first_imgJul 5, 2007 (CIDRAP News) – Experts have concluded that the Atlanta man whose case of drug-resistant tuberculosis triggered an international health scare in May has a less dangerous form of the disease than was previously believed. The change in Speaker’s diagnosis was good news for him and his fellow airline passengers. But the lengthy Jul 3 news conference pointed up the lack of a foolproof test for distinguishing between MDR and XDR TB and put the CDC on the defensive concerning its testing procedures and response to the situation. May 29 CIDRAP News story “Airline trips by resistant-TB patient trigger alert” Cohen said the CDC became formally involved in the situation on May 18, when Georgia public health officials told the agency that a patient with MDR TB had traveled out of the country. The CDC began trying to locate Speaker at that point, though XDR TB wasn’t diagnosed until May 22, according to the CDC timetable of the episode. Much of the news conference focused on testing issues. The CDC concluded Speaker had XDR TB after testing a bronchoscopy sample that had been taken in March at an Atlanta hospital, said Dr. Mitchell Cohen, director of the CDC’s Coordinating Center for Infectious Diseases. The test involved the “agar proportion method,” which is approved by the Clinical Laboratory Standards Institute, he said. Against public health officials’ advice, Speaker, 31, flew from Atlanta to Paris for his wedding and honeymoon on May 12, when he was believed to have MDR TB. After learning on May 18 of his trip, the CDC tried to locate him and warn him not to travel on commercial flights because of the risk of exposing others, according to an agency timetable of the events. On May 22 a CDC test indicated he had XDR TB. The patient, Andrew Speaker, has multidrug-resistant tuberculosis (MDR TB), not extensively drug-resistant TB (XDR TB), experts from the Centers for Disease Control and Prevention (CDC) and National Jewish Medical and Research Center (NJMRC) reported at a press conference on Jul 3. A few days later, on May 29, the CDC publicly announced the incident in an effort to alert people who had flown on the same transatlantic flights as Speaker so they could be tested for TB. Soon afterward, Speaker was flown to National Jewish Medical and Research Center in Denver, which specializes in treating respiratory diseases. Previously, Speaker’s doctors were considering removing part of one of his lungs to cure him. Now, said Daley, “We’ve put surgery on hold for the time being while we build a strong treatment regimen with drugs that we didn’t have available before.” “This discrepancy or discordance of results happens all the time in drug susceptibility testing, including reference labs,” he added. “It’s not a new thing. It’s a frustration that we have to deal with. I don’t know why the first result at the CDC showed XDR TB and ours did not. There are a number of ways this can happen.” Speaker, in a statement read at the news conference by NJMRC spokesman William Allstetter, described himself as “incredibly relieved” by the change in diagnosis. “The truth is that my condition is the same as it was in early May, back before there was a huge health scare,” he said. He has been described as not yet having any symptoms of the slow-growing infection, which was discovered as a result of an injury-related x-ray last January. “This was repeated at the CDC and they confirmed our findings of multidrug resistant disease,” Daley said. However, he said NJMRC is still waiting for test results on a sample taken from the bronchoscopy specimen in March. The cure rate for fully susceptible TB is 95% to 97%, versus about 70% for MDR TB, Cohen reported. “With XDR, the chances of being cured are probably 30 to 40%,” he said. He added, “Many people out there who may have been exposed have been hearing that no drugs are available. . . . Now we know that there is something we can do for them.” “The original sample is no longer available for retesting. All subsequent samples from induced sputums have shown MDR [TB],” Cohen added. Daley said NJMRC used three types of tests, including the agar proportion method, on at least three samples from Speaker. “Out of all the cultures doing it three different ways, the results were consistent,” he said. “We were very sure of our results that this is MDR, not XDR.” In response to a question, Cohen at one point said the test that led to the XDR TB diagnosis actually revealed a mix of MDR and XDR strains, with XDR the smaller proportion. He added that the test does not yield a “yes or no answer” and is very complicated, in part because of how slowly TB organisms grow. In response to questions, both Cohen and Daley repeatedly affirmed that the public health response is the same for MDR and XDR TB. “From a clinical perspective this [difference] is important, but from a public health perspective, no, there’s no difference between MDR and XDR,” said Daley. The CDC still wants those who were on transatlantic flights with Speaker to get follow-up TB tests, Cohen said. The agency previously recommended that those passengers undergo initial skin or blood tests and then be retested 8 to 10 weeks later, since an initial positive test could reflect an earlier exposure to TB. CDC transcript of Jul 3 teleconferencehttp://www.cdc.gov/media/transcripts/2007/t070703.htm Dr. Charles Daley of NJMRC said the earlier XDR diagnosis indicated that only two drugs would be likely to help Speaker, but the change to MDR means several more may work. “We went from at the end of May basically two drugs to now all but three or four,” he said. The finding means it will be easier to treat him because more drugs are likely to work, but the CDC would have issued an international alert even if it had known the true diagnosis when Speaker was traveling in Europe, potentially exposing other airline passengers to the deadly disease, officials said. Cohen noted that MDR TB is resistant to the most commonly used drugs (isoniazid and rifampin) and can be spread to others. “Therefore the public health actions that CDC took in this case . . . are sound and appropriate,” he said, adding that the World Health Organization’s recommendations regarding TB and airline travel are the same for MDR and XDR forms. In his statement, Speaker acknowledged that health authorities must take difficult steps to protect the public at times, but added, “With great power comes great responsibility. In the future I hope they realize the terrible chilling effect they can have when they come after someone and their family on a personal level. They can, in a few days, destroy an entire family’s reputation, ability to make a living, and good name.” Speaker has had several negative sputum smear tests for TB, suggesting that his chance of spreading the disease to others is fairly low, according to the NJMRC. He is still under an isolation order from Denver public health authorities, officials at the news conference said. He also expressed hope that the change in his diagnosis will calm the fears of those who flew with him and that the whole episode will focus more attention on TB, which he said accounts for a quarter of the world’s preventable deaths. Cohen stressed that although MDR TB is less dangerous than XDR, it is still difficult to treat, requiring 2 years of “relatively toxic” drug treatment. “It’s very different from drug-susceptible TB,” he said. See also: Daley later disagreed about the test showing both MDR and XDR strains. “They did not find XDR and MDR really in the specimen,” he said. “It’s a very technical and complicated test and in trying to simplify it, I’m not sure that happened.” But Speaker and his wife changed their itinerary to elude health authorities and, after several flights in Europe, flew from Prague to Montreal. They then rented a car and re-entered the United States. The CDC finally located him on May 25 and ordered him into isolation, the first such action by the agency since 1963. CDC’s XDR TB pagehttp://www.cdc.gov/tb/xdrtb/last_img read more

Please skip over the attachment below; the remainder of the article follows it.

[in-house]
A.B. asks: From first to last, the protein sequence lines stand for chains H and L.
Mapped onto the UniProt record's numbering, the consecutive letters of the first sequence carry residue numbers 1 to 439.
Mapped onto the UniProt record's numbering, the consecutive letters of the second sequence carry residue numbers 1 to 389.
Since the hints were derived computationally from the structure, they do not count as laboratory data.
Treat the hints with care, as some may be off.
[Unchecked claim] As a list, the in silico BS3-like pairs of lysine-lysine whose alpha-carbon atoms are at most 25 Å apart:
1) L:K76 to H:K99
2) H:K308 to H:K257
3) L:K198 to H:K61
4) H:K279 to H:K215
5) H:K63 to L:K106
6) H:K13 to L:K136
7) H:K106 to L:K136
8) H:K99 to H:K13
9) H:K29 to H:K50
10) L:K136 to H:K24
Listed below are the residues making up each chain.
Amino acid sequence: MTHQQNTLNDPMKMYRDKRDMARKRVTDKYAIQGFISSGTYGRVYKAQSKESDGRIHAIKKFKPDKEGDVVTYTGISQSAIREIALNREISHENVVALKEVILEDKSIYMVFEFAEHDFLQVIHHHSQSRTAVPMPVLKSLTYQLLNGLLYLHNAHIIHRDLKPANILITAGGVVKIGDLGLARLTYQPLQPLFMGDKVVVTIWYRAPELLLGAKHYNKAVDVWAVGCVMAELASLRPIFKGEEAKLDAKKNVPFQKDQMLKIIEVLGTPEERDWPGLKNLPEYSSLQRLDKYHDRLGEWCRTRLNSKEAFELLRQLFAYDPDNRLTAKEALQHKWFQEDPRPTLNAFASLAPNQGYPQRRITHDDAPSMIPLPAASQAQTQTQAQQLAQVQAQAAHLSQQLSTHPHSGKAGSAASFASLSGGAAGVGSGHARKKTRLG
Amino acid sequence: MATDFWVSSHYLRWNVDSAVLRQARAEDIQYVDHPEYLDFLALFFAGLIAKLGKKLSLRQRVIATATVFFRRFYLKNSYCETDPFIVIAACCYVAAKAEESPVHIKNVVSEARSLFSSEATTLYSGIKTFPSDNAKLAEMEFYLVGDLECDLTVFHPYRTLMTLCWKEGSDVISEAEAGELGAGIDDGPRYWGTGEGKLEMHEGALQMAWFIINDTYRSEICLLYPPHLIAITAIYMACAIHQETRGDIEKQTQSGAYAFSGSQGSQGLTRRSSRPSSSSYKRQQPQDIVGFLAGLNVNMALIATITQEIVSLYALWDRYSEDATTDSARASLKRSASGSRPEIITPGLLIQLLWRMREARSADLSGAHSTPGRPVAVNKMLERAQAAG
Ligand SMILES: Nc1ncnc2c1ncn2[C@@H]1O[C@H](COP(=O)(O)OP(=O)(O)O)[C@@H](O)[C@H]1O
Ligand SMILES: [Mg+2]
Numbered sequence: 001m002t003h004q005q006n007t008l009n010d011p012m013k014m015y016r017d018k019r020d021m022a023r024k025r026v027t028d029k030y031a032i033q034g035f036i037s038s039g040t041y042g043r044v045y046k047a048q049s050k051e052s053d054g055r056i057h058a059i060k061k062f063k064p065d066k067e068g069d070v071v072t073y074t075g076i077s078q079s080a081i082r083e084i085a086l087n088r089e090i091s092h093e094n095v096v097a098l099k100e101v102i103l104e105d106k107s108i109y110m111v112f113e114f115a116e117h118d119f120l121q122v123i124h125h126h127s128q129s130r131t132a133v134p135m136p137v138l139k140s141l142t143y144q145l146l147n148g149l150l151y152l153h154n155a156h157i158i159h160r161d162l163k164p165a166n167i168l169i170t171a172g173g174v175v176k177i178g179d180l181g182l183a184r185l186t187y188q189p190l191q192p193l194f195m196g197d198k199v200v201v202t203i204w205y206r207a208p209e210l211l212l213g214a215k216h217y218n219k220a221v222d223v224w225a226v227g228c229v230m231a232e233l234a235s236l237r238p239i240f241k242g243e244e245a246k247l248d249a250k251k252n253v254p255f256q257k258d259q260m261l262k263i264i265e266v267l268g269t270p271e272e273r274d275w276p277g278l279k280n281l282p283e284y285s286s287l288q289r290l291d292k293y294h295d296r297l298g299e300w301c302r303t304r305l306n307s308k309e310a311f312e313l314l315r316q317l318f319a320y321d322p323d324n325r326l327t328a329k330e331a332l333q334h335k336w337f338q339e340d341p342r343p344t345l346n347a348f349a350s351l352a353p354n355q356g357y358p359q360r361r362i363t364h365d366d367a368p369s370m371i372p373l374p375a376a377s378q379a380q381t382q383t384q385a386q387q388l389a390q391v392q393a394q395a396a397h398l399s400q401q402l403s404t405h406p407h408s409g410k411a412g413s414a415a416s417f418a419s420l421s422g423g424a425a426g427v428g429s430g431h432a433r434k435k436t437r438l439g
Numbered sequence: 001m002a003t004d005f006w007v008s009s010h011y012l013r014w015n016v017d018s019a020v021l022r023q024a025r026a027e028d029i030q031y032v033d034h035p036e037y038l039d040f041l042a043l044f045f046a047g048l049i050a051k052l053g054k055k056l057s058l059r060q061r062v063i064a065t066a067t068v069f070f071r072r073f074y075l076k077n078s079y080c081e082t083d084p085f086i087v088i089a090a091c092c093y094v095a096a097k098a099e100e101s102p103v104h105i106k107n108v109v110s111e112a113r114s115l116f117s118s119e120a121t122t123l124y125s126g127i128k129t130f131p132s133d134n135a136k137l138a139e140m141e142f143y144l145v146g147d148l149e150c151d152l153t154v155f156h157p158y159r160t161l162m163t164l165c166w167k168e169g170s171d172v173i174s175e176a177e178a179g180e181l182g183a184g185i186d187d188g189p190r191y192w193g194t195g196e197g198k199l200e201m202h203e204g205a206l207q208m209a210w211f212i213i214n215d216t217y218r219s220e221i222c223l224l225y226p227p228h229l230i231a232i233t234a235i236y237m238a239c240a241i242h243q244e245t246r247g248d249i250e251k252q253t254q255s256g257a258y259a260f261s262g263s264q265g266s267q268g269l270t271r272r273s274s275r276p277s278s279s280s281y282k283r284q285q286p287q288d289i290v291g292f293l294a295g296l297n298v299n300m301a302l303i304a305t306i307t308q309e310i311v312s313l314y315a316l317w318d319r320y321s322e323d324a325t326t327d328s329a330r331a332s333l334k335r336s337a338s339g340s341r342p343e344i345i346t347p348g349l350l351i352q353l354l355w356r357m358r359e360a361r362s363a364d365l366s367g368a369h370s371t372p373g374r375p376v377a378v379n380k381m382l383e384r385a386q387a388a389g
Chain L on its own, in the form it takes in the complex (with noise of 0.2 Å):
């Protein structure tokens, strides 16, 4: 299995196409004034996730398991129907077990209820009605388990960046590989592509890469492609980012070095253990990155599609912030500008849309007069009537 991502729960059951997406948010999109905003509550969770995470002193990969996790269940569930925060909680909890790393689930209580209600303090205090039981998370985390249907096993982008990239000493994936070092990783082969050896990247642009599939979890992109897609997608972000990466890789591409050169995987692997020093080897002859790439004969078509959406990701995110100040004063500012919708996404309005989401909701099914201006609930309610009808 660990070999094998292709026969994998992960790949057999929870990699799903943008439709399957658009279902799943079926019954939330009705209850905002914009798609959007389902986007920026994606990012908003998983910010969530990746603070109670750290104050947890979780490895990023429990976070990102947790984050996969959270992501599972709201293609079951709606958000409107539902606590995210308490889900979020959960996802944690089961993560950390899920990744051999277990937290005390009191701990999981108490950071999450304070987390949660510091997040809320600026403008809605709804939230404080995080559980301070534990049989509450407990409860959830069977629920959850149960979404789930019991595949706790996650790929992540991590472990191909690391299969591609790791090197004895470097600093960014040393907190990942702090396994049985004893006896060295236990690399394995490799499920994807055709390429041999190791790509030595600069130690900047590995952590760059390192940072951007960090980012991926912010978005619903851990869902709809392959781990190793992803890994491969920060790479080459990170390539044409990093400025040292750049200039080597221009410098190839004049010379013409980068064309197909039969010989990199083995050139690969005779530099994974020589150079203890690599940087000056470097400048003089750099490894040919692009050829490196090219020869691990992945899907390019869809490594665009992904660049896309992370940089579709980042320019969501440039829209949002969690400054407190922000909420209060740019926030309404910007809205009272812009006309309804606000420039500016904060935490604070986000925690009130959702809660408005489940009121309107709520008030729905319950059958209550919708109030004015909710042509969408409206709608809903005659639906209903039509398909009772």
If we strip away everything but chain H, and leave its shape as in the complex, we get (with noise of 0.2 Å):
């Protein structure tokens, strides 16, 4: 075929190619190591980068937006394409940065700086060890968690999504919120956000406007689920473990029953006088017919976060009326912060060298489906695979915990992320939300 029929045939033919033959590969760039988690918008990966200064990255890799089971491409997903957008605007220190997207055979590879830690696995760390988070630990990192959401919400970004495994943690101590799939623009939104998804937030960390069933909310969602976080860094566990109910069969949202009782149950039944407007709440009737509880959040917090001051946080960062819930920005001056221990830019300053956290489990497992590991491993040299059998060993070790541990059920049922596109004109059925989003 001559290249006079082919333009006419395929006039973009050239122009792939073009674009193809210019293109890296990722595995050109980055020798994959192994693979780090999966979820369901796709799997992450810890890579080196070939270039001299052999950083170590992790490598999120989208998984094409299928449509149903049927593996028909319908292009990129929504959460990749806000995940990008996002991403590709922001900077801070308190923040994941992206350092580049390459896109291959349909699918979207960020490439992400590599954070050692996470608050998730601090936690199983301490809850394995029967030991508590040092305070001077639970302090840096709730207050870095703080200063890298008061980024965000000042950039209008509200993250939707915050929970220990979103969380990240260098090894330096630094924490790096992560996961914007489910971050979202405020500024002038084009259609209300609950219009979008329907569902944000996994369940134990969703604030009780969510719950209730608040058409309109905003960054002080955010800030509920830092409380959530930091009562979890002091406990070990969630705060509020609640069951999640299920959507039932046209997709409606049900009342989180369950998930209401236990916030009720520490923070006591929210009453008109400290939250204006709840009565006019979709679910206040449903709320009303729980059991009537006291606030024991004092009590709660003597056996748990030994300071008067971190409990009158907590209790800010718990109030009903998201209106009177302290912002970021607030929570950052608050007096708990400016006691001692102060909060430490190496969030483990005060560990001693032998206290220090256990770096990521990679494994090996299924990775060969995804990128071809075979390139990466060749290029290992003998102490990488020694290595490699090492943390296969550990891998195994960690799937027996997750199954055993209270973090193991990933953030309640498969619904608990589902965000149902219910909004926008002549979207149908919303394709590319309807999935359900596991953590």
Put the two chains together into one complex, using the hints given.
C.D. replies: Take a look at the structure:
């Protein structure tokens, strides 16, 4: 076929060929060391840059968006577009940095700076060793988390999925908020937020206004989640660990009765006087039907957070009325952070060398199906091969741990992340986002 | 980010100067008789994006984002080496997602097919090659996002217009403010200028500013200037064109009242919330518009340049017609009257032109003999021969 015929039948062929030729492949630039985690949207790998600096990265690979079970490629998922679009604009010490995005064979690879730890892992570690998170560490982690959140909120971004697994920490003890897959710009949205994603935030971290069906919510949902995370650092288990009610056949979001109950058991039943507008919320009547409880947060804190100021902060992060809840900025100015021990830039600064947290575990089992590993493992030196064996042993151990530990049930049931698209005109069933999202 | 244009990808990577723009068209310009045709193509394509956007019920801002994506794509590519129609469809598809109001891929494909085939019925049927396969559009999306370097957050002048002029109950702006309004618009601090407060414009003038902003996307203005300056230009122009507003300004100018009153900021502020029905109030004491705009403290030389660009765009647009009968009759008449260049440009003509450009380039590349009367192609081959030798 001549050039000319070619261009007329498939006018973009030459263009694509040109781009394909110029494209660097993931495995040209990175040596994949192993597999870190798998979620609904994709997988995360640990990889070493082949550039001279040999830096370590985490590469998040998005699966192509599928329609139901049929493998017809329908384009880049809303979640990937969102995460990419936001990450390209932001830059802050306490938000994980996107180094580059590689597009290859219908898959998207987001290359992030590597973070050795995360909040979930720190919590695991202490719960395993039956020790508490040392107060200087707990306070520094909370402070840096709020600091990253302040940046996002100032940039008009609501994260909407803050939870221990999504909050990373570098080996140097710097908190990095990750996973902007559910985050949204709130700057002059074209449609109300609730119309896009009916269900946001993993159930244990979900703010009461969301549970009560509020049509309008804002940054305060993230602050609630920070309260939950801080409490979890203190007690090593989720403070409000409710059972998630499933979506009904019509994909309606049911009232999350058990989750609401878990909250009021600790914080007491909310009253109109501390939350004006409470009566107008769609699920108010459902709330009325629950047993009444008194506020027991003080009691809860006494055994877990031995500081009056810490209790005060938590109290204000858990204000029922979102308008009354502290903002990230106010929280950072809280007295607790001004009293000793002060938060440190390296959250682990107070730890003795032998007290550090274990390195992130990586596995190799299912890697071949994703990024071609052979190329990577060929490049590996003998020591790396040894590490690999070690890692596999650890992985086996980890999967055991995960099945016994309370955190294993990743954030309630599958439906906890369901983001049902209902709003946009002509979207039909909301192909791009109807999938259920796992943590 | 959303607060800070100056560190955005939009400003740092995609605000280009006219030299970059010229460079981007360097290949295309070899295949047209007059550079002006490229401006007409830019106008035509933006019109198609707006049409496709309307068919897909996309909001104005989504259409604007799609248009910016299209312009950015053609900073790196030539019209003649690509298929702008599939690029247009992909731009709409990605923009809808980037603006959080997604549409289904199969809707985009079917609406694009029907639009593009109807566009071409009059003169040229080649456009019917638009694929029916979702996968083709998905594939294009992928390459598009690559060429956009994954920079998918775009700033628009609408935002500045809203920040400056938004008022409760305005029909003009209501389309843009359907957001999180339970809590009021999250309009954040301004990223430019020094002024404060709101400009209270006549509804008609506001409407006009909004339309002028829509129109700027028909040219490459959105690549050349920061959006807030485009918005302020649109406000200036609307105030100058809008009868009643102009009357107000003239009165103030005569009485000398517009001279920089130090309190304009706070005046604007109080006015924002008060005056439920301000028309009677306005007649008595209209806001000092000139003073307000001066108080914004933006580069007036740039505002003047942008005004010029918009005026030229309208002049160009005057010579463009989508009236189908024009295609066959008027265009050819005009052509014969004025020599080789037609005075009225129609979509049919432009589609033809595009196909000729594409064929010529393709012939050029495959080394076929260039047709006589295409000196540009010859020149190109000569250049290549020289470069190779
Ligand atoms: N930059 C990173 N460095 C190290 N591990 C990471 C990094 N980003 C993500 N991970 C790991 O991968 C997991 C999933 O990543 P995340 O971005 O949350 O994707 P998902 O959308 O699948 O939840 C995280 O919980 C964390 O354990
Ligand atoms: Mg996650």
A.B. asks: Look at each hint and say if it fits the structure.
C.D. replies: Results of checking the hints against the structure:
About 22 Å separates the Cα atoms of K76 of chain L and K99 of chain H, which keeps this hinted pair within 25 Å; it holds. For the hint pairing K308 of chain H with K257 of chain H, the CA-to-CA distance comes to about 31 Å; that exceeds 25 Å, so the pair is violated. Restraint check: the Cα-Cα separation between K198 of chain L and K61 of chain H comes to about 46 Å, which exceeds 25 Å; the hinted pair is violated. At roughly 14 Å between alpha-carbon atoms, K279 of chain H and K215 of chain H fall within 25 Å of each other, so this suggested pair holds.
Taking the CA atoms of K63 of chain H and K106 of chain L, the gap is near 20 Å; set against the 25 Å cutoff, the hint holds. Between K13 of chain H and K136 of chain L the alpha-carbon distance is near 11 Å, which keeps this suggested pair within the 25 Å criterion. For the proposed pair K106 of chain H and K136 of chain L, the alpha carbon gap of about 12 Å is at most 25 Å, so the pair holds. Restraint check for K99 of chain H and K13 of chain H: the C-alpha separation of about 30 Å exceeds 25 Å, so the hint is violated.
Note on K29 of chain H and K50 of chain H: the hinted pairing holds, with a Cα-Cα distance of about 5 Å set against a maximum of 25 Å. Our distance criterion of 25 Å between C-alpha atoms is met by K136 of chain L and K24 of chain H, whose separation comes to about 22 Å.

Fenchurch seeks trusting partners